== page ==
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Internet a new venue for youth to flex muscles
Updated: 2004-06-28 16:12

Murong Xuecun is one of China's most famous cyber-writers. He describes himself as pessimistic and lacking ambition, he says he's ugly and vulgar and likes good food and drink above all else.

Murong Xuecun, the write of "Chengdu, Leave Me Alone Tonight," browses the Internet. [file photo]
His novel, "Chengdu, Leave Me Alone Tonight" was a cyber trend setter, and its descriptions of life in Chengdu sparked a series of books describing life in modern Chinese cities where the young abandon idealism in search of fortune.

Murong says he writes for fun. He says he's never had any ambitions to make big in Chinese literary circles, and has no interests in dealing with 'profound' social issues.

Characteristically, he dedicated his first book to himself. The novel's protagonist, Chen Zhong, is an average man with an ordinary job. As a young man he had big dreams but life has forced him to choose material goals over lofty ones and as he abandons his ideals he becomes more and more vicious, lashing out at his friends and colleagues.

By the end of the novel, his wife leaves him and Chen Zhong dies in a fist fight on Christmas Day. The desperate and senseless ending gives the reader little hope for what life has to offer us and is slap in the face to traditional notions of the value of hard struggle.

The novel received more than 150,000 hits after it was first published on tianyaclub.com in 2002, one of China's largest literature websites and the controversial story angered many with its gritty portrayal of urban twenty-somethings.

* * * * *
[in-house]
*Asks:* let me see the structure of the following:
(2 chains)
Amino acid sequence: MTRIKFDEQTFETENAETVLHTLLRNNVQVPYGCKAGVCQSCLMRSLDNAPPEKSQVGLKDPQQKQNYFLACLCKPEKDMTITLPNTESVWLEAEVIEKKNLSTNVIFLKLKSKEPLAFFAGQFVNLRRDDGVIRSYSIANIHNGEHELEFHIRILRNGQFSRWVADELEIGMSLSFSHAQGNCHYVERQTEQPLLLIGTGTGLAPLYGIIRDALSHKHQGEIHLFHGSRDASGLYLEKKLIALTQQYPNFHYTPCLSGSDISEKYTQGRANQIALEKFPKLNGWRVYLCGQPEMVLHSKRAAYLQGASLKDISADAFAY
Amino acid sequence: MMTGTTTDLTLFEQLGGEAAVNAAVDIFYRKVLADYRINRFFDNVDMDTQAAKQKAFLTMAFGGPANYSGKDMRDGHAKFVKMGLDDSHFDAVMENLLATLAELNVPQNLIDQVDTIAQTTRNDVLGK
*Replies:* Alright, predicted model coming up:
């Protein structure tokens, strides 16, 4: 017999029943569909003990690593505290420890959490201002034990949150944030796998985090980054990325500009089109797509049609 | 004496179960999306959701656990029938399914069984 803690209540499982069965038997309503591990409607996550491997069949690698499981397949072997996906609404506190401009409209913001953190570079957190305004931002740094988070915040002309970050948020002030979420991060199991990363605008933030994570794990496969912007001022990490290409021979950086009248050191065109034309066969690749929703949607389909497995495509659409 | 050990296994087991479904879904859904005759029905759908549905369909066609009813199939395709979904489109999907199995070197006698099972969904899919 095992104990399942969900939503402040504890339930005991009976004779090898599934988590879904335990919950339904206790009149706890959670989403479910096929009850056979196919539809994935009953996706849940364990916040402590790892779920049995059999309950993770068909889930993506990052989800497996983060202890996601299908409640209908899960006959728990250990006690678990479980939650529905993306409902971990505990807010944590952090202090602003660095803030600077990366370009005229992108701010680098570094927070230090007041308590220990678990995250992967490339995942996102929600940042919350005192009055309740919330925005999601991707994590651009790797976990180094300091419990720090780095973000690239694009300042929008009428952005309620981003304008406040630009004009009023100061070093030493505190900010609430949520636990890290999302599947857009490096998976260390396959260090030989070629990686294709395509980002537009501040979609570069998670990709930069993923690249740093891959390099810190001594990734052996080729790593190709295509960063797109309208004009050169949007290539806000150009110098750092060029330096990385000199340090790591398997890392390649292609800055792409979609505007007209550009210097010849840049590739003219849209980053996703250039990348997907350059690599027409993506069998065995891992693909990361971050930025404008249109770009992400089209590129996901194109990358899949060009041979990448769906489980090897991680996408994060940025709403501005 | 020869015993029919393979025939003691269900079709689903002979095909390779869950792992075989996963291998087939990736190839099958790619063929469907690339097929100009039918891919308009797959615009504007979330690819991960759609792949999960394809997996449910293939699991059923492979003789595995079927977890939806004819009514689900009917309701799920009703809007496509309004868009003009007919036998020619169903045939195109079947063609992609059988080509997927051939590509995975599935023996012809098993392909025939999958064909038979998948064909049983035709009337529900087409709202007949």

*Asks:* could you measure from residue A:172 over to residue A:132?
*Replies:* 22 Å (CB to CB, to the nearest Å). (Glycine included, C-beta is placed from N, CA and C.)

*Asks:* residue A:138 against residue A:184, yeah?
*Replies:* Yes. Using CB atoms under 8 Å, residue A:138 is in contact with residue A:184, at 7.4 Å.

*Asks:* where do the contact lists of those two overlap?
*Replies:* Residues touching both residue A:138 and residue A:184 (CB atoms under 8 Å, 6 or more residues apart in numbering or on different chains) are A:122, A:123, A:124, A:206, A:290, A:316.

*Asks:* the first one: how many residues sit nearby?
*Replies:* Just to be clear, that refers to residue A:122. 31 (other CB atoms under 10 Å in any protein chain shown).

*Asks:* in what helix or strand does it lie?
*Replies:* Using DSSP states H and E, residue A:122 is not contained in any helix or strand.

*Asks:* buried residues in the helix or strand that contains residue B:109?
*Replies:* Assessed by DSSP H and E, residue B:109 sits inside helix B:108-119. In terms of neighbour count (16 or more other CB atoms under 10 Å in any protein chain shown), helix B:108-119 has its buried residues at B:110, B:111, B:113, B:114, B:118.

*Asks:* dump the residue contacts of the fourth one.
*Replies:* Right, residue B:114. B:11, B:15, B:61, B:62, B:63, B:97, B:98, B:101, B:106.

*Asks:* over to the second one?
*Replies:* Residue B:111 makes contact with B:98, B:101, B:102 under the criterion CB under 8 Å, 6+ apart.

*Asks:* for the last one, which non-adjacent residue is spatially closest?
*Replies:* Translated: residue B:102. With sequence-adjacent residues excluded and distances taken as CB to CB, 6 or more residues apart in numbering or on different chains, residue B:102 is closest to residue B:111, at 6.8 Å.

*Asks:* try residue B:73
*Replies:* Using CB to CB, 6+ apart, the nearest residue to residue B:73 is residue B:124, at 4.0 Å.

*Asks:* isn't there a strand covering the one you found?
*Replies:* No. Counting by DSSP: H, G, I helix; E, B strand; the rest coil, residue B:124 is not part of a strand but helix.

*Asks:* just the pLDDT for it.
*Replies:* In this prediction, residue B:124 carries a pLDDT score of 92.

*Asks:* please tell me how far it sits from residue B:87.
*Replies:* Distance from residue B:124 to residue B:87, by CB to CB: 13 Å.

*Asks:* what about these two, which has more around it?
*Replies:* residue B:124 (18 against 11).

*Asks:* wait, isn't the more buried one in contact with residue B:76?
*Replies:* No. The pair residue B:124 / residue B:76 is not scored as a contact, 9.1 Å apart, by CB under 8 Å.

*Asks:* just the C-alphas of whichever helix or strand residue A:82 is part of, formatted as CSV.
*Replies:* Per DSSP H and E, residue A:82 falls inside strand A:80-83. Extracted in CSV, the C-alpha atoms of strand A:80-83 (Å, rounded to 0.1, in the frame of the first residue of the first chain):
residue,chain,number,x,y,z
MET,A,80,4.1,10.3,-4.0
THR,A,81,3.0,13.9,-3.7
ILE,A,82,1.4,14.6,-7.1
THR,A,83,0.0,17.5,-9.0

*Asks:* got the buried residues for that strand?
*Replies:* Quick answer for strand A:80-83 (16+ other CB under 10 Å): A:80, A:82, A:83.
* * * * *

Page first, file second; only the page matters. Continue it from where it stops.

A copy of Murong Xuecun's novel "Chengdu, Leave Me Alone Tonight" [file photo]
In Murong's eyes, "The skies of Chengdu are always gloomy. The north train station is boisterous and messy as usual. People crowd at the station exits like ants in a flood, snapping at each other and creeping into this dangerous city. Then they dig underground in every street and house and bury themselves in their pits forever- never to be rescued."

He connects with his readers, and browsing the readers' comments left online, you find things like "A loss of belief has led to unprecedented levels of confusion and anxiety for us. We feel like we don't belong anywhere and nothing real attracts us. " Another reader writes: "The ultimate value of the novel lies in its crude depiction of life's absurdity, misery and loss of meaning."

Murong Xuecun is one of a growing number of Chinese writers who are choosing to publish their work on BBSs (Bulletin Board Systems) and literary websites. These writers hide little from their readers and while a few years ago most stories were on personal subjects with frank descriptions of inner emotions and explicit accounts of 'cyber-love affairs', recent cyber novels and stories that describe the loneliness and alienation of life in large cities have become fashionable.

The writers, mostly in their late 20s or early 30s, are rarely professional and their day-jobs mean they can afford to write freely about their feelings and dissatisfactions.

Titles such as Drunken Fish's "My Beijing" (Wode Beijing), Rosy Sailor's "Lonely Hearts in Chongqing" (Chongqing Gu'nan Guanv) and Zhu Bi's "One Night Stands in Shenzhen" (Shenzhen Yiye Qing) describe cities full of raw human desire and an insatiable drive for wealth, and while these subjects may be simply the latest literary fad, its clear that independent publishing online is here to stay.

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